I am very happy to introduce a new series, Occupational Profiles, with a guest post from Meredith Daly. The hope of the series is to expose readers to different occupational therapy settings, perhaps to spark interest in pursing a specific speciality or perhaps to find commonalities between seemingly very different practice ares. Afterall, as Meredith writes below, we are all working to give clients as much control over their lives as possible.
Q&A with Meredith
What is your current practice setting?
I work at the Massachusetts Hospital School in Canton, MA, which is a long term & residential pediatric care facility. It’s a really unique model in that a majority of the patients live on campus for a traditional school week; they go home to their families on Friday afternoon and return on Sunday evenings. I work on the hospital side of the facility (vs the school side) and so get to focus on pediatric physical disabilities without being bound by IEP goals. It’s the best of both worlds!
Who is your typical clientele?
MHS services children aged 8-22 years old with multiple physical & cognitive disabilities. There are 5 OTRs on site and we each have our own unit. We have 2 COTA/Ls that share responsibilities across units as well! My unit is home to 19 patients aged 14-21 who have severe cerebral palsy, spina bifida, seizure disorders, mitochondrial disorders, various chromosomal abnormalities and/or genetic conditions. All but two are non-verbal and five are AAC device users!
How did you land in this practice area?
I have always loved working with kids. For a long time I thought I’d be a teacher, but I always had an interest in physical disabilities & rehabilitation. I ended up volunteering at MHS as a high school student in the therapeutic recreation department. Once I was in, I never left (even while in NYC for grad school!).
How are you specifically poised, as an OT, to help clients in your practice area?
Really what these kids want to do is have as much control over their lives as possible… luckily that is something that we, as occupational therapists, specialize in (not to mention get joy & satisfaction out of)! Simple things like choosing which book to read next, participating in turning the page, and choosing nail polish colors are a HUGE deal! The training that we got at NYU with focus on client-centered practice, activity analysis, & assistive devices/tech has prepared me with the foundation & confidence I need to help these little guys out.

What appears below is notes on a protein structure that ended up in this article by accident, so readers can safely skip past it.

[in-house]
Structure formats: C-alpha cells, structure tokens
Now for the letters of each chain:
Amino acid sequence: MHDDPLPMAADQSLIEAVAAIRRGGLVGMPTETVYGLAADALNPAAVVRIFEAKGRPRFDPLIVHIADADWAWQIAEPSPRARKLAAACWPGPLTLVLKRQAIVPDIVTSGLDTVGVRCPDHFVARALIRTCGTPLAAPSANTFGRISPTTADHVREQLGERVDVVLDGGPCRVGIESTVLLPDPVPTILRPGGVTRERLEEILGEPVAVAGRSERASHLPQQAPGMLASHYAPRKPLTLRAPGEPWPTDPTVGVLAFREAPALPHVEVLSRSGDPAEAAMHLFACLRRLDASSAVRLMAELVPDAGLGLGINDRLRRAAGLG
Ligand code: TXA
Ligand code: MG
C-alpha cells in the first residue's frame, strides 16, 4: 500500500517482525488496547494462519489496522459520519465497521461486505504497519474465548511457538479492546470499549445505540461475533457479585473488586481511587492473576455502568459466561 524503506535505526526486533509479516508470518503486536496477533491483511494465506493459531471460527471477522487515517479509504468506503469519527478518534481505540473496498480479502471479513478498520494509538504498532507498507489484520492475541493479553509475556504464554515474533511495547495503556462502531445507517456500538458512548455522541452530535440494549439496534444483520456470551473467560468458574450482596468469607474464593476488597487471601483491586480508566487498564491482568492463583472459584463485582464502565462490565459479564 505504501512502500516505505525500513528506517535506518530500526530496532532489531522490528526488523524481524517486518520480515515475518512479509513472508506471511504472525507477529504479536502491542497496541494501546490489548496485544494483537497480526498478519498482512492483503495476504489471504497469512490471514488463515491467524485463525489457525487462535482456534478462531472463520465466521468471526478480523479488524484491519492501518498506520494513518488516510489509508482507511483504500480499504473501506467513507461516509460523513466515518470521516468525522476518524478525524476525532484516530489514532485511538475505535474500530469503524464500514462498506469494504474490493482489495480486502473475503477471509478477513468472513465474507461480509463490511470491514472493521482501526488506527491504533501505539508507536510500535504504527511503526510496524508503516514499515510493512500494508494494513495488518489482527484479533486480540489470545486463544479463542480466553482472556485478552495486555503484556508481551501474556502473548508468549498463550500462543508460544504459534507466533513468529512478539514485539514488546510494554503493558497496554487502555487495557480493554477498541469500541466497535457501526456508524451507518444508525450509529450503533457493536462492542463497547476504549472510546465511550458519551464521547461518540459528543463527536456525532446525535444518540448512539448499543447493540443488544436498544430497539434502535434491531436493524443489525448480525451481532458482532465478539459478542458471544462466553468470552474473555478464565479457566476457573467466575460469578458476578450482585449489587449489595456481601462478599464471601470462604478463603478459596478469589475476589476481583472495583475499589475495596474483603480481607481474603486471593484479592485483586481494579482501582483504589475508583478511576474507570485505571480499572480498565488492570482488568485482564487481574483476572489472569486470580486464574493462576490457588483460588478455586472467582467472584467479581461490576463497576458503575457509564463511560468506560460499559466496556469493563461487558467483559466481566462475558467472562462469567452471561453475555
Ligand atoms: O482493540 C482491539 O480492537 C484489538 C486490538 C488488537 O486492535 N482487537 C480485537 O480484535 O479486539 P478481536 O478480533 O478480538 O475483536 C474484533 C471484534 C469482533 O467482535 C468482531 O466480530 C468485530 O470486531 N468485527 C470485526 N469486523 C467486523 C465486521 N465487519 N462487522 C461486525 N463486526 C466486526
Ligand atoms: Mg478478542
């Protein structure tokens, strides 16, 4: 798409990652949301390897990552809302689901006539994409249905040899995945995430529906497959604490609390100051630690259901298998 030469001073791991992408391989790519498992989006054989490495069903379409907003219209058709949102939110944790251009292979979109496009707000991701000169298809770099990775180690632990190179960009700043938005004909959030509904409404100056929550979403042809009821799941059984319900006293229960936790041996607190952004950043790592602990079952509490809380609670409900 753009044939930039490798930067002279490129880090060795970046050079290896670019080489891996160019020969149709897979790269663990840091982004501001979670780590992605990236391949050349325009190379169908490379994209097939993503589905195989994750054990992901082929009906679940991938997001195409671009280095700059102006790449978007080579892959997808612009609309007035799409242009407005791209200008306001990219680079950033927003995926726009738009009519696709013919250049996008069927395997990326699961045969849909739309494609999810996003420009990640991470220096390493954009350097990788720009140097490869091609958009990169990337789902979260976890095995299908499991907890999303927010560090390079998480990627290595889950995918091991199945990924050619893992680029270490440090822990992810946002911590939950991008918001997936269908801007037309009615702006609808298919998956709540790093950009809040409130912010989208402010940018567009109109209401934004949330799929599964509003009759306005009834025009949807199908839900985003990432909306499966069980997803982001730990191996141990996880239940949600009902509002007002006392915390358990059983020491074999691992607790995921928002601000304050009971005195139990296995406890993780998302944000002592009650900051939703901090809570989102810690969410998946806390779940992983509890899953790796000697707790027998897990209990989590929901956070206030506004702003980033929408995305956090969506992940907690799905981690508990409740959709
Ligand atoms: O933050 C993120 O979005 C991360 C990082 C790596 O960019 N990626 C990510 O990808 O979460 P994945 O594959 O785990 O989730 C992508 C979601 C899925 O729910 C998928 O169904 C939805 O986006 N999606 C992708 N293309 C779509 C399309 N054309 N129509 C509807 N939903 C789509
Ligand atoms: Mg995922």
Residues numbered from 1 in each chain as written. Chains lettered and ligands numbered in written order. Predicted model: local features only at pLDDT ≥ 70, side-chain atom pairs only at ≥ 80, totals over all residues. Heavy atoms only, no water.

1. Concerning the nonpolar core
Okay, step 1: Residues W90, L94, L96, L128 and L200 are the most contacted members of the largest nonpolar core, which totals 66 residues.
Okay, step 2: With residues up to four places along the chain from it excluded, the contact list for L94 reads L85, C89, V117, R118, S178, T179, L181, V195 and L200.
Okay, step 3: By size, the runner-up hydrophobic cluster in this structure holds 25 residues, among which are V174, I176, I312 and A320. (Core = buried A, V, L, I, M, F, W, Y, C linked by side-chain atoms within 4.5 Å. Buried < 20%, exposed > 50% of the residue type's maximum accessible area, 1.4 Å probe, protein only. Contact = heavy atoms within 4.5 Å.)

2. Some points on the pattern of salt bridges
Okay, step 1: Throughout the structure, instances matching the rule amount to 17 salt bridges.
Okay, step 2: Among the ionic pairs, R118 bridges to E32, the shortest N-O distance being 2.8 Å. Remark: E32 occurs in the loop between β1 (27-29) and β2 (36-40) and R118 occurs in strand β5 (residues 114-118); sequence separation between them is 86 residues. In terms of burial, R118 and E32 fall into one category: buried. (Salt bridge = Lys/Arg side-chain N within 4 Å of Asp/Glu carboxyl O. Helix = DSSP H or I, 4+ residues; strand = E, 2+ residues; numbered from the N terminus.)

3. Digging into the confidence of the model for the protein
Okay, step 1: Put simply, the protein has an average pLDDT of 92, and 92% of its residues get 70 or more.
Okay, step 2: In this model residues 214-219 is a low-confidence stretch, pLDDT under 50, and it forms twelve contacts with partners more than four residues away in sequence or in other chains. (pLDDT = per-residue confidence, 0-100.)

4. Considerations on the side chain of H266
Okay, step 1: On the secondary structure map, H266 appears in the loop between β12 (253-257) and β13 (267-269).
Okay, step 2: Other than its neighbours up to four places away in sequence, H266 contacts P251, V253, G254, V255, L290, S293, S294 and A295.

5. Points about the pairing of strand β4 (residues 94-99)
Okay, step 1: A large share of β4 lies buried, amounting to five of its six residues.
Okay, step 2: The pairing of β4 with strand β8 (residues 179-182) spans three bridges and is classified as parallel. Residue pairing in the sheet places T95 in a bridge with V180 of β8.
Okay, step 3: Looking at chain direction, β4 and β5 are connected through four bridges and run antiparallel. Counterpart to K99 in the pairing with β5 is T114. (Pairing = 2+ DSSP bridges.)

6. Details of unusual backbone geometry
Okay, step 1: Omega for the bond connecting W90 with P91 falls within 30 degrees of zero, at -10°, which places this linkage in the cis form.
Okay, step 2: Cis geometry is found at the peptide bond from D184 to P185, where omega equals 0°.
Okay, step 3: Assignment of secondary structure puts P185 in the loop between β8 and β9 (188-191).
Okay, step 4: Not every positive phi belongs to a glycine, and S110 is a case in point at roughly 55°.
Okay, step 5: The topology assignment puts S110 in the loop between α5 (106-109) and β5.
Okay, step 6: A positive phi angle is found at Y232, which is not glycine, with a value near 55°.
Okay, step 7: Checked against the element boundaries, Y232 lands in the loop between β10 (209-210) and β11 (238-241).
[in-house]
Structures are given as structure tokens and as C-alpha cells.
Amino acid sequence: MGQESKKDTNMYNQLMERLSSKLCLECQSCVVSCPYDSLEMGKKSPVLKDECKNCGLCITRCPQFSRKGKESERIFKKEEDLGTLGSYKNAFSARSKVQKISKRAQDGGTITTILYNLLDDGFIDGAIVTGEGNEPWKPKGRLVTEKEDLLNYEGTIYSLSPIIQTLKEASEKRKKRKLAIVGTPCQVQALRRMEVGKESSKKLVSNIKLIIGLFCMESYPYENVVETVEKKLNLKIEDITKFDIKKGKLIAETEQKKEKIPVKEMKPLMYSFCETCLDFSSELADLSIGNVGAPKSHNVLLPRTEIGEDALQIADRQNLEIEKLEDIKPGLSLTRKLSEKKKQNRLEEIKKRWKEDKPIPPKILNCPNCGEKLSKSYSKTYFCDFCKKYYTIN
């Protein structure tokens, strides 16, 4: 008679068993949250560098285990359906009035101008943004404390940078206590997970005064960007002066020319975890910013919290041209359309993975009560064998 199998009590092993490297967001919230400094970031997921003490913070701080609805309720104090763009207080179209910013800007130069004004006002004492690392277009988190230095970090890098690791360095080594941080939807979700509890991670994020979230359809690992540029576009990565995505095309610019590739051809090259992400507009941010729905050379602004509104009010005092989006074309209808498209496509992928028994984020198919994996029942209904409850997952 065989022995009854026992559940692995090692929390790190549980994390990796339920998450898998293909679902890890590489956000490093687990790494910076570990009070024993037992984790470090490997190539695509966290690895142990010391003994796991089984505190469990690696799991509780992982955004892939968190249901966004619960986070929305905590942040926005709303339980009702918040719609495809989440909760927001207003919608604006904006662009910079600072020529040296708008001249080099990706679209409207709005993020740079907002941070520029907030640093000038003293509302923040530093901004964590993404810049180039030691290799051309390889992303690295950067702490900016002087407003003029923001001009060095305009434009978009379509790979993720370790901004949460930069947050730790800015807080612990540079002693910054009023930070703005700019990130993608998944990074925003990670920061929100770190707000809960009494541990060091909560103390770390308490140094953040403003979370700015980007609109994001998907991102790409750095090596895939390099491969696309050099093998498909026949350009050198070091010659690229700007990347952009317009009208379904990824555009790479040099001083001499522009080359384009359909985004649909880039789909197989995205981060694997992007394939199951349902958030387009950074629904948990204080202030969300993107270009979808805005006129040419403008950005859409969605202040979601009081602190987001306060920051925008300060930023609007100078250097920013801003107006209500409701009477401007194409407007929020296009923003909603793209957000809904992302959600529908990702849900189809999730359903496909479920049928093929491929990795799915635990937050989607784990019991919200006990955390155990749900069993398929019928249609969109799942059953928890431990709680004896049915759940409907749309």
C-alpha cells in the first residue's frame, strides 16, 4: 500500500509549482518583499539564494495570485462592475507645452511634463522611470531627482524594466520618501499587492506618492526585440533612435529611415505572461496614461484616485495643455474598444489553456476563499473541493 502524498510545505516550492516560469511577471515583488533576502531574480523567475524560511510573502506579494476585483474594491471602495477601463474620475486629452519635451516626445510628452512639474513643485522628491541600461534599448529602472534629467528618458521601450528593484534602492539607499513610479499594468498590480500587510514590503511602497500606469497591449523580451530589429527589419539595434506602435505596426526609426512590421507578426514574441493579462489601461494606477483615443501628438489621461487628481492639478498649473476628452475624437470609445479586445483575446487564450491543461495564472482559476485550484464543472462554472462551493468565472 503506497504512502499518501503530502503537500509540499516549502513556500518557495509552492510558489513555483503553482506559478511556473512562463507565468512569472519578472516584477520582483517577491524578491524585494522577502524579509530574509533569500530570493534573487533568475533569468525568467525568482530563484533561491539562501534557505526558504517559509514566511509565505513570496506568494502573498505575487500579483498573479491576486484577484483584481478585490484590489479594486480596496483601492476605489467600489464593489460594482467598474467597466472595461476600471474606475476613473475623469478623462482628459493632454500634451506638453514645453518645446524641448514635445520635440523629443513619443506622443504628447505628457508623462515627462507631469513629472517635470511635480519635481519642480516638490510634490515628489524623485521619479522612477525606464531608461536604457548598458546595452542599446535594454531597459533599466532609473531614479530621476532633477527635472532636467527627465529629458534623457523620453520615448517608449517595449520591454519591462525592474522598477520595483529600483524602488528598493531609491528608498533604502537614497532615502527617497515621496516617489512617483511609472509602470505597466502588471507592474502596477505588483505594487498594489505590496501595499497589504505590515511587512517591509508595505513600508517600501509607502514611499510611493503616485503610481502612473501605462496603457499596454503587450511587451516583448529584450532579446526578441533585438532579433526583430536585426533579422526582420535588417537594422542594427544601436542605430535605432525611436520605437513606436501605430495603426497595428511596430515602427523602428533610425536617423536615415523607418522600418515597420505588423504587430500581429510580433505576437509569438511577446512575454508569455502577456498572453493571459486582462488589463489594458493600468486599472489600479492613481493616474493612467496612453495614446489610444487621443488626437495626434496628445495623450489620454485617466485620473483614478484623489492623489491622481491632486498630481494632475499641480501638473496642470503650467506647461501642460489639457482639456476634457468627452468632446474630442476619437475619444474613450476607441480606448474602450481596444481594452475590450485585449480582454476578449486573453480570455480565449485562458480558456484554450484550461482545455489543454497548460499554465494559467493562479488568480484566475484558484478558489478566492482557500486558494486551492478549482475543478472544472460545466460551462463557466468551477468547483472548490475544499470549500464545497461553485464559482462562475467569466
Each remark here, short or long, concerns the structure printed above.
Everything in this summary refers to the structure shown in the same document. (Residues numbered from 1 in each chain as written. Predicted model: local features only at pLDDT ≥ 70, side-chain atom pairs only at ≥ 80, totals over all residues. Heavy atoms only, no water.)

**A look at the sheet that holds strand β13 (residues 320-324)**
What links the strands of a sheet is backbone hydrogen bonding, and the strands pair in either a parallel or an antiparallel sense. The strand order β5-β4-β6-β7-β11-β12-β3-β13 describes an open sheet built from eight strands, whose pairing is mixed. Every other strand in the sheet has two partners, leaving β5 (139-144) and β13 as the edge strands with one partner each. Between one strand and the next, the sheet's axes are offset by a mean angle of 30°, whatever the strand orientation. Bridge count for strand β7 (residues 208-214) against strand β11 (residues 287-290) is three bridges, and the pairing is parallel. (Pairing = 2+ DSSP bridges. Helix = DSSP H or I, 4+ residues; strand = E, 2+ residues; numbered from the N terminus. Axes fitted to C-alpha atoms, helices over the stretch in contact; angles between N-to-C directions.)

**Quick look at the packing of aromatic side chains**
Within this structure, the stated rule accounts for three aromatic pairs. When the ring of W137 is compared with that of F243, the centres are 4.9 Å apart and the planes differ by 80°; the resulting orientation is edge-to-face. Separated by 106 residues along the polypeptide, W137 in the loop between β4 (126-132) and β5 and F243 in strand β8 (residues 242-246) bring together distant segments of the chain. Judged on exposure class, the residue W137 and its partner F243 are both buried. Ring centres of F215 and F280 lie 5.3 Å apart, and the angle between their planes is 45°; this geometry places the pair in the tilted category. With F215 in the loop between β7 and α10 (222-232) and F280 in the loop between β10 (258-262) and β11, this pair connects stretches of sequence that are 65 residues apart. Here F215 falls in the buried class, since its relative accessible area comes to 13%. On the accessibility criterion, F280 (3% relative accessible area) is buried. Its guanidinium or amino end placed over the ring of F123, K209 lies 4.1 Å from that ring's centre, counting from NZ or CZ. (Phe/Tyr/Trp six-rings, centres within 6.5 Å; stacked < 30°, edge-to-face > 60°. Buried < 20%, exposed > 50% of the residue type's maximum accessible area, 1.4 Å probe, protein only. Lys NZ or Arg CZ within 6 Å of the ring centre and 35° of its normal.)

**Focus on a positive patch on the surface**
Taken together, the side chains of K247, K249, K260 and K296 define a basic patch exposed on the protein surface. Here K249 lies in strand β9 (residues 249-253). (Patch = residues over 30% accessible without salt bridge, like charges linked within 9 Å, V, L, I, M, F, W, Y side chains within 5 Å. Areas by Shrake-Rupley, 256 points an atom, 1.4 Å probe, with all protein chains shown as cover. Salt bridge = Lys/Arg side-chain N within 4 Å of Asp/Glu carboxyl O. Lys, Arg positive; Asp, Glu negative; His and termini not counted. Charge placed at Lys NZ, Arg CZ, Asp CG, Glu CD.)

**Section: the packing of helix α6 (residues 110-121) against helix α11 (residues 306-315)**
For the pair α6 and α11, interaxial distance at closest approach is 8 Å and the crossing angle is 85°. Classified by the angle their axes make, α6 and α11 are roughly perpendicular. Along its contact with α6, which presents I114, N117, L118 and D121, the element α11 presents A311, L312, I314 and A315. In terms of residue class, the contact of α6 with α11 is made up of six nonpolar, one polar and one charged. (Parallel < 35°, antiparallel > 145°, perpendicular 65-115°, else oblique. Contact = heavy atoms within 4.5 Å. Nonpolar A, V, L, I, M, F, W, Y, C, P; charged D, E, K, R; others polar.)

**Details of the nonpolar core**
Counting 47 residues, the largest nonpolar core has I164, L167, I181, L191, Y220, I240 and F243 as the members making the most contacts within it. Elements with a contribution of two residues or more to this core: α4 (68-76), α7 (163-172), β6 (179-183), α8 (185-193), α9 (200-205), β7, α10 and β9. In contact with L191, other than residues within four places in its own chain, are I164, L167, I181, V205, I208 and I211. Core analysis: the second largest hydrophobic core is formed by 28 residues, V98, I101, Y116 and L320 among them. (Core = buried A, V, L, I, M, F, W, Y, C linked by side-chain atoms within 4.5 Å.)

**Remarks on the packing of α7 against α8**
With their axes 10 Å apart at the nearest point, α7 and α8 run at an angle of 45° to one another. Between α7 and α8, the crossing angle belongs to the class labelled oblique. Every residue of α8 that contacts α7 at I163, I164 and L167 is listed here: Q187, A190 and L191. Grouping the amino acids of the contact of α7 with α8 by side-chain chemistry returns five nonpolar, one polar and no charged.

OT is such a great profession because it allows you to collaborate with your patient to find areas that are motivating & special to each individual. Since these kids really just want to do “typical things” my goal is to create opportunities for them to make choices & direct their care as often as possible. Obviously as an OT in a hospital setting, many interventions are centered around ADLs & grooming. One of my favorite activities with one of my favorite little chickies is having her use her Dynavox to direct a grooming task. Without doubt she always chooses “paint my nails” or “pick out clothing”. These tasks allow her to work on finger & wrist extension without the use of her very stylish black & hot pink Beniks splints, so while she feels great & proud of herself, she is simultaneously (and secretly!) refining communication skills, directing care, establishing a sense of self/personal style, AND working on upper extremity coordination goals.
What advice would you give to someone interested in your practice area?
Become familiar with wheelchair seating, assistive tech, and AAC devices! When working with kids with severe physical disabilities, it’s important to be educated on current assistive technology approaches! Become as comfortable and familiar as you can with these devices, and then remember that the kids are just kids!
What areas of growth would like to see in the profession, with regards to your practice area?
Many standardized assessments are motor based & difficult to administer to students who are wheelchair users, particularly those with all limb involvement. Some of the motor free assessments are difficult due to the communication skills require. I would also love to see more advanced course training for assistive technology as it relates to access & participation in daily life especially at group homes or day programs! Tools for transition preparation & assessment!
Photo of Meredith and a client by the Massachusetts Hospital School